Just a few months ago, the Defense Department lifted all gender-based restrictions on front-line combat units. Now, a House committee has narrowly approved a measure that would require women to register for the military draft.
The 32-30 vote Wednesday night came with a twist: The proposal's author didn't back it, a clear sign that more contentious debate is ahead.
Rep. Duncan Hunter, a former Marine who served three combat tours in Iraq and Afghanistan, does not support drafting women into combat and opposes opening infantry and special operations positions to women. Hunter, R-Calif., said he offered the measure in the House Armed Services Committee to prompt a discussion about how the Pentagon's decision in December to rescind gender restrictions on military service failed to consider whether the exclusion on drafting women also should be lifted.
That's a call for Congress, not the executive branch, Hunter said. "I think we should make this decision," he said. "It's the families that we represent who are affected by this."
At times, Hunter evoked graphic images of combat in an apparent attempt to convince colleagues that drafting women would lead to them being sent directly into harm's way.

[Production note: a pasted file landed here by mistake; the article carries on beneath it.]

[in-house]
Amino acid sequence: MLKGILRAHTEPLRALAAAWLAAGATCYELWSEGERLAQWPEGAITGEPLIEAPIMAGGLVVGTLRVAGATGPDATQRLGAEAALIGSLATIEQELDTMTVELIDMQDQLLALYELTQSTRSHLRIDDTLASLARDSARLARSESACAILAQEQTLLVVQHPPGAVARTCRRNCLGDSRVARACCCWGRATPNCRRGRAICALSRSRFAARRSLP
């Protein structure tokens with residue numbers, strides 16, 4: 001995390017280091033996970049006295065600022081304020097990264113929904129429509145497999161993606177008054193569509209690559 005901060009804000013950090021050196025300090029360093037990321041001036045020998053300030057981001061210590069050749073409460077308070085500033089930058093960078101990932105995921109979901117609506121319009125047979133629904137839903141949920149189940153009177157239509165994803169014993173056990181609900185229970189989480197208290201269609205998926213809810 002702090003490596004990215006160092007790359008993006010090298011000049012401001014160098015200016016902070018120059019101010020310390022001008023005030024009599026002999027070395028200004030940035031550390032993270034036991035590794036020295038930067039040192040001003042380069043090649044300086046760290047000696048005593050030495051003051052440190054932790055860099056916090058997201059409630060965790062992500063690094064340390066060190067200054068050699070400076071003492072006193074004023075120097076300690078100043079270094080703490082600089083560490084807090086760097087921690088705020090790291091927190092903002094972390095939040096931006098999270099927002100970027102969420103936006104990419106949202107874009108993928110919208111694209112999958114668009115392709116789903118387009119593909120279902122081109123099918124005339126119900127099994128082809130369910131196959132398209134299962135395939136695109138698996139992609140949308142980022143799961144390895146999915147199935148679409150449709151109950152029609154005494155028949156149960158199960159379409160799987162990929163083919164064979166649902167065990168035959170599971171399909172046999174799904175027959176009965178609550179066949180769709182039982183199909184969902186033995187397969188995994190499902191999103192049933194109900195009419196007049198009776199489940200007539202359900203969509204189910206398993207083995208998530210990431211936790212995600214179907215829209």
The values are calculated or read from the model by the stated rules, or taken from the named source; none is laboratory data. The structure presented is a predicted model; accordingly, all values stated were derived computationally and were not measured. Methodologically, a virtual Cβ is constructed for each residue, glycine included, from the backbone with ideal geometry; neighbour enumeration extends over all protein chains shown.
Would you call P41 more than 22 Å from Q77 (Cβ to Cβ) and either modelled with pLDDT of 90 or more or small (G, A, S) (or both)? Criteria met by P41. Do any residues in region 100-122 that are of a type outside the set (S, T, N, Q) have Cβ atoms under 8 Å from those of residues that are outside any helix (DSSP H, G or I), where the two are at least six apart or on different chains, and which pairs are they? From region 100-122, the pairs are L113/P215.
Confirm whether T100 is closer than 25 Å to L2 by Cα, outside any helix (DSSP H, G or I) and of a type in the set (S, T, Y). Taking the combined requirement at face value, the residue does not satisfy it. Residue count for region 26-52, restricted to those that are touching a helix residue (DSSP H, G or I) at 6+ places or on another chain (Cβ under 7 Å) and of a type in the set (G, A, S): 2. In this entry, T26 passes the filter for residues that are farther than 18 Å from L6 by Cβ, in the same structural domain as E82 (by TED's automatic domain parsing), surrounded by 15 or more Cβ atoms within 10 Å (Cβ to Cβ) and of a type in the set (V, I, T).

"A draft is there to put bodies on the front lines to take the hill," Hunter said. "The draft is there to get more people to rip the enemies' throats out and kill them."
But if Hunter was trying to sway people against his amendment, his plan did not work.
Rep. Jackie Speier, D-Calif., said she supported Hunter's measure.
"I actually think if we want equality in this country, if we want women to be treated precisely like men are treated and that they should not be discriminated against, we should be willing to support a universal conscription," she said.
Rep. Martha McSally, R-Ariz., a retired Air Force fighter pilot, said draftees aren't exclusively sent to the front lines. There are plenty of other useful, noncombat positions for them to fill, she said.
Hunter's amendment was part of a defense policy bill that authorizes the defense spending plan for the budget year that begins Oct. 1. The committee passed the legislation by a 60-2 vote early Thursday. Action by the full House awaits.
"I look forward to bringing the bill to the House floor in short order," said the committee chairman, Rep. Mac Thornberry, R-Texas.
Written by Richard Lardner / The Associated Press